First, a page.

The world of literature offers many different works; some may offer similarities while there are differences between others. There are more similarities than differences between Odysseus and Oedipus. Two great examples of literature is the tragic play “Oedipus the King”, written by Sophocles and “The Odyssey”, an epic poem written by Homer who were both Greek poets. Both poets’ work shows similar examples of life altering changes that were ultimately controlled by the Greek gods.
While both stage and screen portrayals were highly acclaimed there are some similarities as well as some marked differences in each interpretation. On the surface, the first difference noted between the stage and screen versions are the sets. The stage version describes the setting of the play, the Younger family living room, as a
Furthermore, the moody sound cues and the hard lighting of the background was a perfect combination to most of its electrifying scenes, such as the cross-examination scene of the main antagonist, in order to reflect a mostly conflict ridden and angry scenes. For me, this is because the entire play is staged as when it is written, where its historical significance is key to the plot. Thus, as a spectator, I was swayed by the timely vibe of Australia in the eighties, complemented by the timeworn
As stated by Landis, “Costumes are also used to focus attention on the major actors and the important action in a scene”, in connection to Oedipus in the filmed version, there was no hesitation regarding this saying. Oedipus, as the main character, was set up to wear the costume with the golden color, at the beginning, which made him standing out compared to others. And when
Though the stage was diminutive, the play still felt very personal and up-close. The set was shape-shifted several times throughout with trap doors and moving floors, all while the lights were powered off. The stage is centered and the seats are tiered around it, like a coliseum. At the beginning, Dr. Seward’s office was on the stage; it was comprised of a desk and chair, a coffee table, a small sofa, some old, faded books and a few desk lamps. During the performance, a few special effects and stunts were used; they include: a mechanical bat attached to the rafters, Dracula being lowered onto the set, fog making Dracula “vanish”, and some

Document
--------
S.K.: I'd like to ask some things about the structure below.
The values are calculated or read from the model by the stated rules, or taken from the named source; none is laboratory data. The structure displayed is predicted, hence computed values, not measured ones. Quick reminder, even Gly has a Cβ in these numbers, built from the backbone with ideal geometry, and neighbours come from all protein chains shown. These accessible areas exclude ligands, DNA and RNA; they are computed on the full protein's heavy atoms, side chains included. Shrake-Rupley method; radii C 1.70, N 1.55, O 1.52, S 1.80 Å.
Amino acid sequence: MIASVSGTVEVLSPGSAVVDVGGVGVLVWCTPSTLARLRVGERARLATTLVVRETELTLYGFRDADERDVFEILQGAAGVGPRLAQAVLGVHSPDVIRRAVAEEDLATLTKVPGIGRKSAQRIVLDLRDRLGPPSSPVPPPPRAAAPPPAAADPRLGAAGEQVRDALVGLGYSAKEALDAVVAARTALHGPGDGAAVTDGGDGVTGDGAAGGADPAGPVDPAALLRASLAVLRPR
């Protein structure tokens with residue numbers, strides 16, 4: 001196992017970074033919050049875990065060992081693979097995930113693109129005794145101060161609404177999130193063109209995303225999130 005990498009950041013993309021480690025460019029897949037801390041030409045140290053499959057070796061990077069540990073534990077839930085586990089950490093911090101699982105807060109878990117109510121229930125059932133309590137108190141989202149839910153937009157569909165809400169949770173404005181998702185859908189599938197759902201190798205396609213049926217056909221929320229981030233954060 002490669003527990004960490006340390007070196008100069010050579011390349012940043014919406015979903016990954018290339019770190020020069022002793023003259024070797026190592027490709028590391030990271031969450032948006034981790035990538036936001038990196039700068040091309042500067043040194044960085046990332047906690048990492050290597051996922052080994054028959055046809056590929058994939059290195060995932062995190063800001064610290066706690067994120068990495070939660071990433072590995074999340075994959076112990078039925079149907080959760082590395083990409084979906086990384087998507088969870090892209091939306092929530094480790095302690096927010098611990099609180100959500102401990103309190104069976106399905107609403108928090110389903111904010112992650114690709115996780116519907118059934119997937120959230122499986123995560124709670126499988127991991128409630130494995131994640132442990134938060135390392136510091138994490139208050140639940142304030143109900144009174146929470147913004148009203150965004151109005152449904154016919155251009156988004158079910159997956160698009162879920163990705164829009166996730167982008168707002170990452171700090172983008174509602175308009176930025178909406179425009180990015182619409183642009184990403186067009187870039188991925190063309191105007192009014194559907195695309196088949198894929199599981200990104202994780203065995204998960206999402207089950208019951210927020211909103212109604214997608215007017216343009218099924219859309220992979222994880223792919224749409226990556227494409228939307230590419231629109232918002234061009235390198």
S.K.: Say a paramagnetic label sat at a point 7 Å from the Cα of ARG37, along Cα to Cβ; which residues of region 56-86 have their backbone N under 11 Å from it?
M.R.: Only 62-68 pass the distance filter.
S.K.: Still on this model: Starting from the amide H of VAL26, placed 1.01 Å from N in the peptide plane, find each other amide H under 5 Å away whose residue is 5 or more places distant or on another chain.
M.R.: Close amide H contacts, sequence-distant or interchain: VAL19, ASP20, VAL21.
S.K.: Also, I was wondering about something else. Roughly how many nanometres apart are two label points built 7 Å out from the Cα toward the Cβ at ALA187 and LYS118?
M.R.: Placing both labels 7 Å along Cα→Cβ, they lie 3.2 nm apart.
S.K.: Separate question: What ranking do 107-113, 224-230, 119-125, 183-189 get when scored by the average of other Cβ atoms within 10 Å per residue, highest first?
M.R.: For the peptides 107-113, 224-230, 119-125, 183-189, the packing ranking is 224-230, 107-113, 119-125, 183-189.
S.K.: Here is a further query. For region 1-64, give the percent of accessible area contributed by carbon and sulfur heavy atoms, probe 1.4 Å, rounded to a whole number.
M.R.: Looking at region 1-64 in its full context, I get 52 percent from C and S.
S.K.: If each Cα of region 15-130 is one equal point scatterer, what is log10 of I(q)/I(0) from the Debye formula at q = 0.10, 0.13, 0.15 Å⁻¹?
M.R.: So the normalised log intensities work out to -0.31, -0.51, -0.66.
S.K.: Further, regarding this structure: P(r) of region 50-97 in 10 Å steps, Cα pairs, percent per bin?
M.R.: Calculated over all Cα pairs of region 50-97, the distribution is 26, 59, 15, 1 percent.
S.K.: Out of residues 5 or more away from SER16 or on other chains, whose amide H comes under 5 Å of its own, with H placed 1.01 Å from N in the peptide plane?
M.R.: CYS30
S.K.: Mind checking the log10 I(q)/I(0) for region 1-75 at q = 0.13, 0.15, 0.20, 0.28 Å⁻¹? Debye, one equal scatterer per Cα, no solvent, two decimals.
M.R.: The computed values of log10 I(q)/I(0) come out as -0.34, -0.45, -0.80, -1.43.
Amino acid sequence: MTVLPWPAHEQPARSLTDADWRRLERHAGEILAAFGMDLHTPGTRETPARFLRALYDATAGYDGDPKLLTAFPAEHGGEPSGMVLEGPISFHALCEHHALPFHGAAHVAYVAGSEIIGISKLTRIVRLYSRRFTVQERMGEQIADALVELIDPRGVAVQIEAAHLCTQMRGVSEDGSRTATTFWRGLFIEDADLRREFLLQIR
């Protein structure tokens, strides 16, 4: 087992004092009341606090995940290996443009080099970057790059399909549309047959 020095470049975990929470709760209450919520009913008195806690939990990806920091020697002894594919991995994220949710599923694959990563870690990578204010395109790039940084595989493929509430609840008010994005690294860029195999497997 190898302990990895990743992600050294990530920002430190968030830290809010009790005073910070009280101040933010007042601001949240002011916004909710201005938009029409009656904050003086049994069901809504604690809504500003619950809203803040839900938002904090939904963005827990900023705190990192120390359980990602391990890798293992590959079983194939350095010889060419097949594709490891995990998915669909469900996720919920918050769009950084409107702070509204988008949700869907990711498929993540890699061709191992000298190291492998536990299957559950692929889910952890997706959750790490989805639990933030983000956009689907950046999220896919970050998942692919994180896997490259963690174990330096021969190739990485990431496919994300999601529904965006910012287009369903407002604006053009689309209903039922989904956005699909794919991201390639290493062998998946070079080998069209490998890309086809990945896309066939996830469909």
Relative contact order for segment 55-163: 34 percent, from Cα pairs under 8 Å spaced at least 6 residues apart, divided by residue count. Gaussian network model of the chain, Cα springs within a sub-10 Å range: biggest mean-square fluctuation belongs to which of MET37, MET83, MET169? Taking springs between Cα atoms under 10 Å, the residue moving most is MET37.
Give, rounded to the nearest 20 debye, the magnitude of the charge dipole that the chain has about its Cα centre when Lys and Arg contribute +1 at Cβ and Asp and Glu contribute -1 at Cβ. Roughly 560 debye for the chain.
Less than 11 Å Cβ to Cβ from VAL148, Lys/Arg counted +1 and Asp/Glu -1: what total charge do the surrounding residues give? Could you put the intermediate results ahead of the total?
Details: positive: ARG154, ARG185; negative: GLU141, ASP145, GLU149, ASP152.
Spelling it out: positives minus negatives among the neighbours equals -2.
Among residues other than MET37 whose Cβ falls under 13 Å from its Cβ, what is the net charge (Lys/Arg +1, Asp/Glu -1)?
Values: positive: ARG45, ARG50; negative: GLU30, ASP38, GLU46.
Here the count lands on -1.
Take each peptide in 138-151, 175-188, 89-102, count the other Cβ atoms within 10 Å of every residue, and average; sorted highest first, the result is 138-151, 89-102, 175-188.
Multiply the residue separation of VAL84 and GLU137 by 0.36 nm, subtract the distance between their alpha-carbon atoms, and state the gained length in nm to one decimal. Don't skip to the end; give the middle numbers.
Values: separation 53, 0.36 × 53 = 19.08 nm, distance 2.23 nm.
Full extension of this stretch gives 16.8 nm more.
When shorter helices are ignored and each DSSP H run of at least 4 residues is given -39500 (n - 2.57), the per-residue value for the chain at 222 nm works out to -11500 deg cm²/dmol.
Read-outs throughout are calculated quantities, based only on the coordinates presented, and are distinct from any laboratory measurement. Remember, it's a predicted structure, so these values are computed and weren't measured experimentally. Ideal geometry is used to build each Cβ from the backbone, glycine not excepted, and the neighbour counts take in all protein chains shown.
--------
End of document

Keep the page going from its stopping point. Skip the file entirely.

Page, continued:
Lighting was used very effectively to show a lot of conflict that wasn’t part of the main storyline. When the shadows of people were present in the background it drew the audiences attention away from what was happening on the main stage. The lighting also did a good job of setting a mood. When the shadows in the background were dancing and kissing it set a romantic mood and when the mood was more serious the background shadows were fighting. Also when Blanche put the filter over the light in the bedroom, it gave the play the more happy and romantic feel that Blanche’s character brought to the
For instance, the lavish hotel lobby would make the poorly dressed Odums stand out like a sore thumb, especially when they stand next to Clay. Moreover, the lighting keeps the focus on the Odums, which is implicitly critical to the play. Quite frequently the poor are left in the dark and out of the focus of the main audience – a side story. However, the lights would stay focused on the Odums throughout the play, which will force the audience to see and learn about the Odums. Because the audience’s focus remains on the Odums throughout the piece because of the lighting, coupled with the differences in costumes, the tragic situation of the Odums is in plain view of the audience.
The gloomy athmosphere that dominates the beginning of the film hooks the viewer. The setting, Characters, Sound, and Lighting all help create this atmosphere. The main scene is short, however brimming with effect. The thunder and lightning alone give it a dark opening, which snatches the enthusiasm of the group of watchers, as it is illustrative of intelligence. These emotional sound impacts set the spooky and heavenly air that Shakespeare needed to make alongside the witches.
The stage directions are not so descriptive. The setting is described in two lines and the characters are little described. They are limited to describe the actions of the characters. There are sound effects such as the bell that sounds at the end of the play and lightning effects such as the fade out that occurs at the end of each